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Coming Out and Disclosure

Coming Out and Disclosure are about choosing whether you share your sexuality and/or gender with others in your life. Read on to find out more.

Teen having conversation with another

Coming Out vs. Inviting Others In vs. Disclosure

What’s the difference?

  • LGBTIQA+ people usually go through a lot of questioning and learning about themselves before deciding if they want to share their sexuality and gender with other people.
  • ‘Coming Out of the Closet’ is a saying that means someone has decided to openly share their sexuality or gender identity with others.
  • Some people think that this saying gives the impression that the approval of straight and cisgender people is needed for someone to ‘Come Out’ (Like: “Oh, you’ve finally decided to be honest with us!”).
  • Instead, some people think the saying ‘Inviting Others In’ is a better way of describing how important people are ‘invited’ to know someone’s sexuality as a way of showing love and trust.
  • The word ‘Disclosure’ is a better way of describing how non-binary and Trans people share their gender identity with others, since they are letting others know their gender is different to their assigned sex.

Challenges to Inviting In and Disclosure

  • Because of the common belief that everyone is straight and male or female, people in the LGBTIQA+ community are in situations where they may Invite Others In or Disclose their identity regularly.
  • The good news is that many people have positive experiences Inviting Others In and Disclosing their identity, when it is among people that are trustworthy and supportive.  
  • The less good news is that many people have negative experiences, like: feeling invalidated, being outed, major relationship conflicts and being discriminated against. For this reason, people in the LGBTIQA+ community are at a higher risk for mental health problems than others.
  • To help keep themselves safe, some LGBTIQA+ people may be open about their identity among some people but not others. Like being open about themselves at school, but private in front of their family.
  • With the hard work of LGBTIQA+ rights advocates and allies – more and more people are growing up surrounded by others that are supportive of their sexuality and gender identity.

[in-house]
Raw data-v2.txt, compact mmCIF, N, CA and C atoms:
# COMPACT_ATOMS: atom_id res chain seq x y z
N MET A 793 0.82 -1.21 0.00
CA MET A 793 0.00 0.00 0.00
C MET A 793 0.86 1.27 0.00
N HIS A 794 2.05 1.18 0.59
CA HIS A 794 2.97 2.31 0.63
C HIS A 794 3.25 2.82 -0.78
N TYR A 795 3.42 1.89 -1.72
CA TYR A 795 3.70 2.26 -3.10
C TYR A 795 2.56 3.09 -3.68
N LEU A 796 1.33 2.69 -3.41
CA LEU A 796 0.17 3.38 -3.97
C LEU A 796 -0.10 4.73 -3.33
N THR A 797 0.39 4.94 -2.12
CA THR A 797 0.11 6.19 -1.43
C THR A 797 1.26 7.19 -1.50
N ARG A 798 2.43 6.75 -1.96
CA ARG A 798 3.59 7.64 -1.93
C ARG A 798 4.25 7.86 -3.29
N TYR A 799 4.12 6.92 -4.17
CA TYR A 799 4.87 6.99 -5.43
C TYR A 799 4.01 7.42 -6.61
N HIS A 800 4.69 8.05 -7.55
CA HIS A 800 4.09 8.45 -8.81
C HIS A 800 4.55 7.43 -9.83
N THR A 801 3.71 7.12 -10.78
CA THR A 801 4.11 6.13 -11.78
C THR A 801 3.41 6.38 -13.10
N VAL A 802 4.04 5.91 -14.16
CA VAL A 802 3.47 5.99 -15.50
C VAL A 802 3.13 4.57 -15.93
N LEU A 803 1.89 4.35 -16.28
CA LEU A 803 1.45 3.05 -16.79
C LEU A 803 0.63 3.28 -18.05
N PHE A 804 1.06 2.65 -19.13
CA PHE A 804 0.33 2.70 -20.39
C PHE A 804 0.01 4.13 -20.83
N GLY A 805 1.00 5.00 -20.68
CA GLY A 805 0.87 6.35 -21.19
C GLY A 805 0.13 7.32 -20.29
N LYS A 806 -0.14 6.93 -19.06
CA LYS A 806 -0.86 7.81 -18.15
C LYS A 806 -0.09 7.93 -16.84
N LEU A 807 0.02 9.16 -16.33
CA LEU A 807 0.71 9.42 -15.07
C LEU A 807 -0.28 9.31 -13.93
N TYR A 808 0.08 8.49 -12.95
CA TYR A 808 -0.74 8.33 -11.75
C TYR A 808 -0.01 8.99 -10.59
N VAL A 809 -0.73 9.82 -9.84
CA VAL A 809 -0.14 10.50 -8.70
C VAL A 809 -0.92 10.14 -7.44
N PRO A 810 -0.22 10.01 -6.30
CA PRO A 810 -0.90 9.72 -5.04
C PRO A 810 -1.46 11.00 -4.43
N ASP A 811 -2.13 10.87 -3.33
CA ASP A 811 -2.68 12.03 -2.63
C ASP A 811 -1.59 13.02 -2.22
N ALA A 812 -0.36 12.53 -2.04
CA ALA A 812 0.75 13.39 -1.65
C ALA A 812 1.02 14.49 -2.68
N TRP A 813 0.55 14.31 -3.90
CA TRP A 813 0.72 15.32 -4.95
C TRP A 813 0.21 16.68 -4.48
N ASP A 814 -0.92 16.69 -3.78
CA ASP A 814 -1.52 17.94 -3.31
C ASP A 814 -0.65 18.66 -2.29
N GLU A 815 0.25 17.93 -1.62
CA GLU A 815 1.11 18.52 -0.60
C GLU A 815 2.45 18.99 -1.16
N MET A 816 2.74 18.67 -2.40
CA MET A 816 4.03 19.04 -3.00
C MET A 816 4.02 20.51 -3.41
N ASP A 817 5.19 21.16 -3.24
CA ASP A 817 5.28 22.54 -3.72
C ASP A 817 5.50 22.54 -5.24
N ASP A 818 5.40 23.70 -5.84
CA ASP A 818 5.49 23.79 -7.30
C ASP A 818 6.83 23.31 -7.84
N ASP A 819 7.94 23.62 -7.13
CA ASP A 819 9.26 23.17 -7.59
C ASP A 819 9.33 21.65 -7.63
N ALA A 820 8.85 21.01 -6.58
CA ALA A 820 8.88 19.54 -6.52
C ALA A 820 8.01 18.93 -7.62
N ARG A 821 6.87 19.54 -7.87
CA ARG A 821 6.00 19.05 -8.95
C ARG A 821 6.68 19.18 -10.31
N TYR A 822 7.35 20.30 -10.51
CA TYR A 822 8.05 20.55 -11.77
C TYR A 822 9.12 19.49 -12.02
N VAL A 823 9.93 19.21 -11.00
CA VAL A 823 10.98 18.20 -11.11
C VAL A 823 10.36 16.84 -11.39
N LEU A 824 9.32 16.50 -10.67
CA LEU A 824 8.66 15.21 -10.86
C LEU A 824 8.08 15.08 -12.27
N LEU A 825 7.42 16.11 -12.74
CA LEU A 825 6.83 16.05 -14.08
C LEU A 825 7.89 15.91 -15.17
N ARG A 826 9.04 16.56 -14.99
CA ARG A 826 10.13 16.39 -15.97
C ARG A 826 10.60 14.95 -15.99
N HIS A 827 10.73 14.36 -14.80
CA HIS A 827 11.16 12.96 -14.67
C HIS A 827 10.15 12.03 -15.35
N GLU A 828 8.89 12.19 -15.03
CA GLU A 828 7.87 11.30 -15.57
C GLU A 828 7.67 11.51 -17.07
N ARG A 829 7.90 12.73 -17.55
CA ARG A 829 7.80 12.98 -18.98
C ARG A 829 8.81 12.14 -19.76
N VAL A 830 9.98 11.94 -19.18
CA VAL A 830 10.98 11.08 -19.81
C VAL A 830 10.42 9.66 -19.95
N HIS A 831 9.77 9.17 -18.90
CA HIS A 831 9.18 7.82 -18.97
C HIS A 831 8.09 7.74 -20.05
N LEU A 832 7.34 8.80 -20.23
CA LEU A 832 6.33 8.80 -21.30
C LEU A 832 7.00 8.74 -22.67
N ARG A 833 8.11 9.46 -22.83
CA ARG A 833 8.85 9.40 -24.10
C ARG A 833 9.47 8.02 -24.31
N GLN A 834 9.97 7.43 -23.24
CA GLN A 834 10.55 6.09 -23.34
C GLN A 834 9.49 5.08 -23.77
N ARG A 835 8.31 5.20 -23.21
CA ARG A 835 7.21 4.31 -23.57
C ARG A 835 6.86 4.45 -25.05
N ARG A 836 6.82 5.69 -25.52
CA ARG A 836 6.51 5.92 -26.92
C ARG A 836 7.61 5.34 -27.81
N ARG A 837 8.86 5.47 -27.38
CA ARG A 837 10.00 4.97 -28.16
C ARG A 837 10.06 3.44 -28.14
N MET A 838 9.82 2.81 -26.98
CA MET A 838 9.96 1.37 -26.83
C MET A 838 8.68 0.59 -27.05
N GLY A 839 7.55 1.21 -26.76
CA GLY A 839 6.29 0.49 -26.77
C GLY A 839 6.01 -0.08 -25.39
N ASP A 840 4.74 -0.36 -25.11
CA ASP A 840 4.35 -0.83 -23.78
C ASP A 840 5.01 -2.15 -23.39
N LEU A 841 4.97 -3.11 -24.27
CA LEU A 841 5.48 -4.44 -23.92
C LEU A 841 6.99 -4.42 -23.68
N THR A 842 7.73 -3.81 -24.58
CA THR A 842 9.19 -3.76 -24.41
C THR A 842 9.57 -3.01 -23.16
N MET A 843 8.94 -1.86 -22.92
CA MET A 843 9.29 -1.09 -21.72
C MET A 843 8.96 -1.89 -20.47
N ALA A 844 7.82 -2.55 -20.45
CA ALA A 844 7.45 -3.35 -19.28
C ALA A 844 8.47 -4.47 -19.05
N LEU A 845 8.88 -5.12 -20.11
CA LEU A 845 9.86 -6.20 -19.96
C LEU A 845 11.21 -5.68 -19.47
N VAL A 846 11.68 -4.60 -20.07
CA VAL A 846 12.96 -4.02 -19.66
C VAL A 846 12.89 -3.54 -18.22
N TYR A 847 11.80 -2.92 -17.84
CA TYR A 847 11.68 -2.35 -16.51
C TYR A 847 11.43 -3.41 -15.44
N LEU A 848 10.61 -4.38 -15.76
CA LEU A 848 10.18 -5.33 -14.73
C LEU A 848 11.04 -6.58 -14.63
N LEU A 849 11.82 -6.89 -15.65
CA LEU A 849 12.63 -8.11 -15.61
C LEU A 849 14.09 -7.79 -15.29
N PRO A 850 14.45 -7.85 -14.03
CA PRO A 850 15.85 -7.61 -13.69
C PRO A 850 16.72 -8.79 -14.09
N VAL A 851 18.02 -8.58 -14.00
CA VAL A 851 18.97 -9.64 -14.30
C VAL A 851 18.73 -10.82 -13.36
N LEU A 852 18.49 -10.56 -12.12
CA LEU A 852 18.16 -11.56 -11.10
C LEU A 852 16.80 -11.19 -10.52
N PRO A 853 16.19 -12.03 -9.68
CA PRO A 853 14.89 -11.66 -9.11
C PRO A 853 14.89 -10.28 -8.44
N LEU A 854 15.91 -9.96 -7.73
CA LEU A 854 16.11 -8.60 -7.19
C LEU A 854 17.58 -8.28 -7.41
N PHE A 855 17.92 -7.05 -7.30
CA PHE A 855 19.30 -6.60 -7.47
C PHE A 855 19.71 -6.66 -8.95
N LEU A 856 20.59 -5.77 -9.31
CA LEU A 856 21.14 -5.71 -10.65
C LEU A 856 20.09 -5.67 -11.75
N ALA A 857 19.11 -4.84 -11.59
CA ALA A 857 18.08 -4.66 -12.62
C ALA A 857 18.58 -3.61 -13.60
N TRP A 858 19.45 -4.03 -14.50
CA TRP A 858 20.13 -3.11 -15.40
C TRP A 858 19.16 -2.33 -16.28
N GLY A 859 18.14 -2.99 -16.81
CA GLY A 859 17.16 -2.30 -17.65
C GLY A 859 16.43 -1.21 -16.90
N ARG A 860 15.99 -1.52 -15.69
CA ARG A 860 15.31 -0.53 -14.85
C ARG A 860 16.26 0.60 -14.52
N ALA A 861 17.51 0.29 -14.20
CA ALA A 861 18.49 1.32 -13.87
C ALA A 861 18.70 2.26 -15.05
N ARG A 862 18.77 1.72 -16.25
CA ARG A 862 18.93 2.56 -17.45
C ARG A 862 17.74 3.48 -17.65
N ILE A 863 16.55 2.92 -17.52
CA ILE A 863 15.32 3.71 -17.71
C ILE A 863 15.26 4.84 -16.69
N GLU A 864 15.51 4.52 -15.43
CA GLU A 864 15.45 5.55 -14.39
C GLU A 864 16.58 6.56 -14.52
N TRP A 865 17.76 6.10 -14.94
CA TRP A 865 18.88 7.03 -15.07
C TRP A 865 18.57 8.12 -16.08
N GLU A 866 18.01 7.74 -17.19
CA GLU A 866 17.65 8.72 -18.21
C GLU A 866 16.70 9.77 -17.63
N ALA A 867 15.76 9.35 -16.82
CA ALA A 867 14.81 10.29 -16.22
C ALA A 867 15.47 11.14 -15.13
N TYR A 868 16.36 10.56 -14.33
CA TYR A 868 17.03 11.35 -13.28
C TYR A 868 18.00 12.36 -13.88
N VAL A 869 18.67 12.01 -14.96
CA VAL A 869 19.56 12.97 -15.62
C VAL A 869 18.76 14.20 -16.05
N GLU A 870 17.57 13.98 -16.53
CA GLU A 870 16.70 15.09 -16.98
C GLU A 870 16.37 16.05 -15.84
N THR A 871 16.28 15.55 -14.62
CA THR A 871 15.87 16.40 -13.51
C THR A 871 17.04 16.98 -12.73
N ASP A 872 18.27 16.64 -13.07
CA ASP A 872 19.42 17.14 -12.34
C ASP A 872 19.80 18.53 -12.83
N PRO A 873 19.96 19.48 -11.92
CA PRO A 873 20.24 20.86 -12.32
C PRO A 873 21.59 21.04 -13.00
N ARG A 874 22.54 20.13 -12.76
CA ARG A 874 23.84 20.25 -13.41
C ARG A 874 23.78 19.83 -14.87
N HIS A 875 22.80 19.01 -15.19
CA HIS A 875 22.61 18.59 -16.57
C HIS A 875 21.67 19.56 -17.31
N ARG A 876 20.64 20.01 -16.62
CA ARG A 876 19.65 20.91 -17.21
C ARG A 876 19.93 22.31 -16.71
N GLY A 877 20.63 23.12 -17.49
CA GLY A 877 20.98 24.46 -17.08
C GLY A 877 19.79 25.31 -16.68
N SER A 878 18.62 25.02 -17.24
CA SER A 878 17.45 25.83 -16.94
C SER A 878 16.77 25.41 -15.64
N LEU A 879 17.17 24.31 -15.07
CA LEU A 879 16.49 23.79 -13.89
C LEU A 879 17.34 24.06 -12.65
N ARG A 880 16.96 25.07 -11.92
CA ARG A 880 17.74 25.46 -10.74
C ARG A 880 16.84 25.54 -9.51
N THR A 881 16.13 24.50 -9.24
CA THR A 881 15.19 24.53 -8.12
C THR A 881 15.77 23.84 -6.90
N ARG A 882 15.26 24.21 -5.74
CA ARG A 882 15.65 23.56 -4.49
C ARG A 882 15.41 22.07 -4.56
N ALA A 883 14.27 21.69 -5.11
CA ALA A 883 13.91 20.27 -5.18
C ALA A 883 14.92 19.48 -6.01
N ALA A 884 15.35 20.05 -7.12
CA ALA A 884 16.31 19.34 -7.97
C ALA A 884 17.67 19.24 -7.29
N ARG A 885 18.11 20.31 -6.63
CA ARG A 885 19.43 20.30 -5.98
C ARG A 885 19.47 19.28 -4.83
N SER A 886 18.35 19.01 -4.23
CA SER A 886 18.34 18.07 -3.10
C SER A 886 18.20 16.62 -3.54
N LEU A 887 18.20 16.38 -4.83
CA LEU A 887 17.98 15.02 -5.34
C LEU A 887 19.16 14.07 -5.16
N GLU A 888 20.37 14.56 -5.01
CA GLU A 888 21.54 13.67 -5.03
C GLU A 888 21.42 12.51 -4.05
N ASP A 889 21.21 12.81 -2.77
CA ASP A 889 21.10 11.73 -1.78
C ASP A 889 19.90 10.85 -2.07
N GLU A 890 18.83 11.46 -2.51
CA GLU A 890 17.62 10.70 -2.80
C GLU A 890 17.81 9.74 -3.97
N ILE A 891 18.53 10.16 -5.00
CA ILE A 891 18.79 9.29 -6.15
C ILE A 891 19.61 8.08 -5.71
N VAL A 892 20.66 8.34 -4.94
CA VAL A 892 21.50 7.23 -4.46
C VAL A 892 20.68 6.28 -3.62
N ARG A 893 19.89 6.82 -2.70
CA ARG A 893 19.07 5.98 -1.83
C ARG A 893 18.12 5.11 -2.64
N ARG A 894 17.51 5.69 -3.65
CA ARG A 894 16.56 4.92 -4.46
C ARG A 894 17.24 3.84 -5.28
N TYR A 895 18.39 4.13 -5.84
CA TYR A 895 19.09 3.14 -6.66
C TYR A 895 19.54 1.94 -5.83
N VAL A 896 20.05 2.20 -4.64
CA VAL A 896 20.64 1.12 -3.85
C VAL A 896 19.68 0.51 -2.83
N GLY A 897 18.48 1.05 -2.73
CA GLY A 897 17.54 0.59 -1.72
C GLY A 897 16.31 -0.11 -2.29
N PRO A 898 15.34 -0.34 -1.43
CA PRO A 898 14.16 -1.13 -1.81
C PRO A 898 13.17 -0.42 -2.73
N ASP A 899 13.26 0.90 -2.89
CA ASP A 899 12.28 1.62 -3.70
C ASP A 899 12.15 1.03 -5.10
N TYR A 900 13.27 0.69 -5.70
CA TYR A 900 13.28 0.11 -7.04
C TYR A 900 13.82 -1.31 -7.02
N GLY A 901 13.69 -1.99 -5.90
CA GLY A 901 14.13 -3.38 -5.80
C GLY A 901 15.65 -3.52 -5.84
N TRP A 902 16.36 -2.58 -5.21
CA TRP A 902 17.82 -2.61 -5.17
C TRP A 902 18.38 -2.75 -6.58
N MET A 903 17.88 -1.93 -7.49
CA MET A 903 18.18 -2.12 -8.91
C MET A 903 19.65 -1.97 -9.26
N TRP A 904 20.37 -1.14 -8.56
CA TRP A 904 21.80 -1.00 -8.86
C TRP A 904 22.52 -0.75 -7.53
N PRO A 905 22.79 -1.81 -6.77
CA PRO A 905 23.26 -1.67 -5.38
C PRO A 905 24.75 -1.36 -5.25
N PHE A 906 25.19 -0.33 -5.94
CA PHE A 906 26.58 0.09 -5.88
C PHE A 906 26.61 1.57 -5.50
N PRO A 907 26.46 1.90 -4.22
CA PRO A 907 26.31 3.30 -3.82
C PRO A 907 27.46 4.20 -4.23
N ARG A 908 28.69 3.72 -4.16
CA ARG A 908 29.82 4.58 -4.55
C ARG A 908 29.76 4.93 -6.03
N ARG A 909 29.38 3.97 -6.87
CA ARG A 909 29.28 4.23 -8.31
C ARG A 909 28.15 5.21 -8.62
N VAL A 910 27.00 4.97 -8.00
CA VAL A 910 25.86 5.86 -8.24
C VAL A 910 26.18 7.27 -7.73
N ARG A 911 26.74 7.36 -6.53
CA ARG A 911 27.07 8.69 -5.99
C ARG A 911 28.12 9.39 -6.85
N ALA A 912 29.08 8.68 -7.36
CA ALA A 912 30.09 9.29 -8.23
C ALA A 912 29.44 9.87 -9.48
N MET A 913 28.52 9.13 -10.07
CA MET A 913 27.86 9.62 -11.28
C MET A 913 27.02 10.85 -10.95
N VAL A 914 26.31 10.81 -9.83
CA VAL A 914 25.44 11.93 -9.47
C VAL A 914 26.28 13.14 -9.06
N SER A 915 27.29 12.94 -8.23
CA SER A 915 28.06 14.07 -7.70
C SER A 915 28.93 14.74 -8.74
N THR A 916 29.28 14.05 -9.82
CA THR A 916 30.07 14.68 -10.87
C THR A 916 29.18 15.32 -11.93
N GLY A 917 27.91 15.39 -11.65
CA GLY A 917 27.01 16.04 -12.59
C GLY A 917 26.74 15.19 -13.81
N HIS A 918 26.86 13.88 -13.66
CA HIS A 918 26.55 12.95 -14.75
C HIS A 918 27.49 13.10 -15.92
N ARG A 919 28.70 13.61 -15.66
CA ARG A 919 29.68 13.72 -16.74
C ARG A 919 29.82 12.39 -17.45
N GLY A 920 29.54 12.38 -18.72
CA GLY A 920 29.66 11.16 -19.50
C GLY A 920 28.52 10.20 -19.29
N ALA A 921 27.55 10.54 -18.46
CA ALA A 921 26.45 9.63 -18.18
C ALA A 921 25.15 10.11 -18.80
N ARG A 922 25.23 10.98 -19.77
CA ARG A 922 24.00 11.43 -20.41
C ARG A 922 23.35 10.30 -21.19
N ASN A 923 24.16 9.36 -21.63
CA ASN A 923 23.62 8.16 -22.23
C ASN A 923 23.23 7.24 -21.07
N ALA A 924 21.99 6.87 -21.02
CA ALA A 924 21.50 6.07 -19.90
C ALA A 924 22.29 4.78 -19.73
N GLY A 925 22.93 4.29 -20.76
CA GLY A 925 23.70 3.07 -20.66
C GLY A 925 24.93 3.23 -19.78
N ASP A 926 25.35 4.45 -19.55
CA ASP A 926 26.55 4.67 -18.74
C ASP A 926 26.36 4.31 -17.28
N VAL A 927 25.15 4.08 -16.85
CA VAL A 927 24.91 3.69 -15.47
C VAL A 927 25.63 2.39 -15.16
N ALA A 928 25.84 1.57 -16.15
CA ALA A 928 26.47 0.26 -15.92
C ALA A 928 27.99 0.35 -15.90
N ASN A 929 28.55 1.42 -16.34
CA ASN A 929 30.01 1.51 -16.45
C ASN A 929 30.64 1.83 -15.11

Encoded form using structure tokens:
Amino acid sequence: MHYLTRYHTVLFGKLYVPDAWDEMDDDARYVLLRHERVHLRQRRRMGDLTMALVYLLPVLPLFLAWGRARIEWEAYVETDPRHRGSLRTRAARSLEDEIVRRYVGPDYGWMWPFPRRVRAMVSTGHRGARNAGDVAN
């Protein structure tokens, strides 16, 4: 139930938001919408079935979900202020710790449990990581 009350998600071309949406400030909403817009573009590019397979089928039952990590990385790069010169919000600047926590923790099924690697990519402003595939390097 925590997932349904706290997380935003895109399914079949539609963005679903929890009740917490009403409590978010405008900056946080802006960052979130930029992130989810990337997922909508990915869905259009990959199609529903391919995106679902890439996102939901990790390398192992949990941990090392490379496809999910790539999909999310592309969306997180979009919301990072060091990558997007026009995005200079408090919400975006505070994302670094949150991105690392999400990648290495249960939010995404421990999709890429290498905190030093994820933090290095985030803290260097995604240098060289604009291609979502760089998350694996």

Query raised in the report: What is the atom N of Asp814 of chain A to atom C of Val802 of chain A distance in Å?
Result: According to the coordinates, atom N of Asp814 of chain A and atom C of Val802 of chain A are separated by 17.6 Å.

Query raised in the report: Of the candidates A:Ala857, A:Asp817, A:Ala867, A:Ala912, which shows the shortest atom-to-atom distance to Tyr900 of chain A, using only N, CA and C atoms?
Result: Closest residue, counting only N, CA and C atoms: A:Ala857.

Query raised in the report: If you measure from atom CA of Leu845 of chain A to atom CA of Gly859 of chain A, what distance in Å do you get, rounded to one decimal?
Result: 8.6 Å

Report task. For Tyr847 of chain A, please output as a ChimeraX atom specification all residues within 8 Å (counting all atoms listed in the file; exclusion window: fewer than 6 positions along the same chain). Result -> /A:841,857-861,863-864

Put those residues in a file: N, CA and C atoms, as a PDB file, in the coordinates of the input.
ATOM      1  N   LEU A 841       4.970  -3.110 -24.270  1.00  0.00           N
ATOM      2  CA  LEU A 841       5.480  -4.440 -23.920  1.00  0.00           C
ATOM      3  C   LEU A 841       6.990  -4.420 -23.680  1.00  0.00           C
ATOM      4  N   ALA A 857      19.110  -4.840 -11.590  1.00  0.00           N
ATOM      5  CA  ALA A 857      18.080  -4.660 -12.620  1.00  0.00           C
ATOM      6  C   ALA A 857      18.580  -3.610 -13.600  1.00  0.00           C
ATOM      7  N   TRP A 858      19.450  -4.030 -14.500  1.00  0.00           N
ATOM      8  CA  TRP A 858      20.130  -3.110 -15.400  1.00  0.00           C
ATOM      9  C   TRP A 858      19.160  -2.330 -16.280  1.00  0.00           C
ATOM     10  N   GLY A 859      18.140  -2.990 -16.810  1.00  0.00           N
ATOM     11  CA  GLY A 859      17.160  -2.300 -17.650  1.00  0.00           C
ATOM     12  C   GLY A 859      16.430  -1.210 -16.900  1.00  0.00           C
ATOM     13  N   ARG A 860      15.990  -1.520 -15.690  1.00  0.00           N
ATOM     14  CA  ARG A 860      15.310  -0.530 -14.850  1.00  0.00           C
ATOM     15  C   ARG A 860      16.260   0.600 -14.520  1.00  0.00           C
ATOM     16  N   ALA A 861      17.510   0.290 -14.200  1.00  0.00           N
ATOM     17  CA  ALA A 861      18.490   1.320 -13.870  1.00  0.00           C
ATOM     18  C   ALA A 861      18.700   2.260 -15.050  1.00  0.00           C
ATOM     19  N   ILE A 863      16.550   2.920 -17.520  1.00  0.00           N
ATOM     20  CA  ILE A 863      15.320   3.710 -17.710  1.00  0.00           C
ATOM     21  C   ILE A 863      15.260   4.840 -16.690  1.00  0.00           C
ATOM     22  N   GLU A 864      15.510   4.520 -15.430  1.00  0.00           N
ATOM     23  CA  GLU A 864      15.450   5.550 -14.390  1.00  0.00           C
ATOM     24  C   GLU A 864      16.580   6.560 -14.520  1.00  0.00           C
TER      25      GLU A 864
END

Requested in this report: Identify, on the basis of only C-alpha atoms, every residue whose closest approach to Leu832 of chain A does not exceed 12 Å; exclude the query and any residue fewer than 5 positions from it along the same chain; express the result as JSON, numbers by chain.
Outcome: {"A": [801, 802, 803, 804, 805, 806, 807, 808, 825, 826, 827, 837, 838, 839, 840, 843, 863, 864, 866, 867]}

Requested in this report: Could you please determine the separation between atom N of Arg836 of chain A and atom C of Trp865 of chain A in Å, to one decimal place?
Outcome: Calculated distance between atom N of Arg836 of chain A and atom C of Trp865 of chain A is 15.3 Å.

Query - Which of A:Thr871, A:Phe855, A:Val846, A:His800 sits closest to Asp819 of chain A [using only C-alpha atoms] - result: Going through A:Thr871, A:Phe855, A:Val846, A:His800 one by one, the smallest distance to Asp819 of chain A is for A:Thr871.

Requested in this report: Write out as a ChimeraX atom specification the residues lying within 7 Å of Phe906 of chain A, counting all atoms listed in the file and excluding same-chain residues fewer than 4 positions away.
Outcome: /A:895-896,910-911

No two situations of Inviting Others In or Disclosures are the same

Inviting Others In and Disclosure are things that people in the LGBTIQA+ community go through in many different ways.

Some people may even have a sexual and gender identity to share with important people in their life, if they are non-binary or Trans and also happen to not be straight.

Even before they have Invited Others In or Disclosed their identity, some can feel worried about life changes and risks that may follow being open about their sexuality or gender identity.

Some people have to think about issues like racism (if they are from a diverse cultural background) or their religion (if this is a big source of support for them) before making the decision to Invite Others In or Disclose their identity.

Because of the risk of being rejected and discriminated, some people have to think carefully about their level of independence, living arrangements, money situation and the attitudes of the people they live near, before Inviting Others In or Disclosing their identity.

Discrimination is another issue for some people when Inviting Others In or Disclosing their identity, even within the LGBTIQA+ community. For example, bisexual, non-binary, Trans and asexual people may be discriminated because of misunderstandings about their identities.

Tips for Inviting Others In and Disclosing in a safer way

Try not to feel pressured to Invite Others In or Disclose your identity.
Only you will know when the time is right. You don’t even have to label yourself or share your identity if you don’t want to!
Inviting Others In and Disclosure doesn’t always go well. 
Having a backup can help make things more manageable, like: planning to stay with a friend or having a sibling talk to parents.
Inviting Others In and Disclosure is different for everyone.
Some people make a celebration of things by having a party or sharing the news on social media. Others just tell a couple of trusted people. How you do things is up to you!
It’s impossible to know for sure how someone will react to you Inviting them In or Disclosing your identity.
 You can sometimes get an idea by testing their reaction to current LGBTIQA+ news or a made up situation involving a friend who has Invited you In.
Try to remember that while you’ve had a long time to understand your sexuality or gender, this is brand new to others and may be a surprise.
Shock and surprise doesn’t always mean disapproval. Try to be patient if someone needs time to process things or have questions that you feel OK answering.
Having support can make a big difference when Inviting Others In or Disclosing your identity to less understanding people.
A trusted friend, teacher or counsellor can help you plan conversations, celebrate successes and provide support if things don’t go well.

Remember, you're not alone

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This content was last reviewed 15/06/2018

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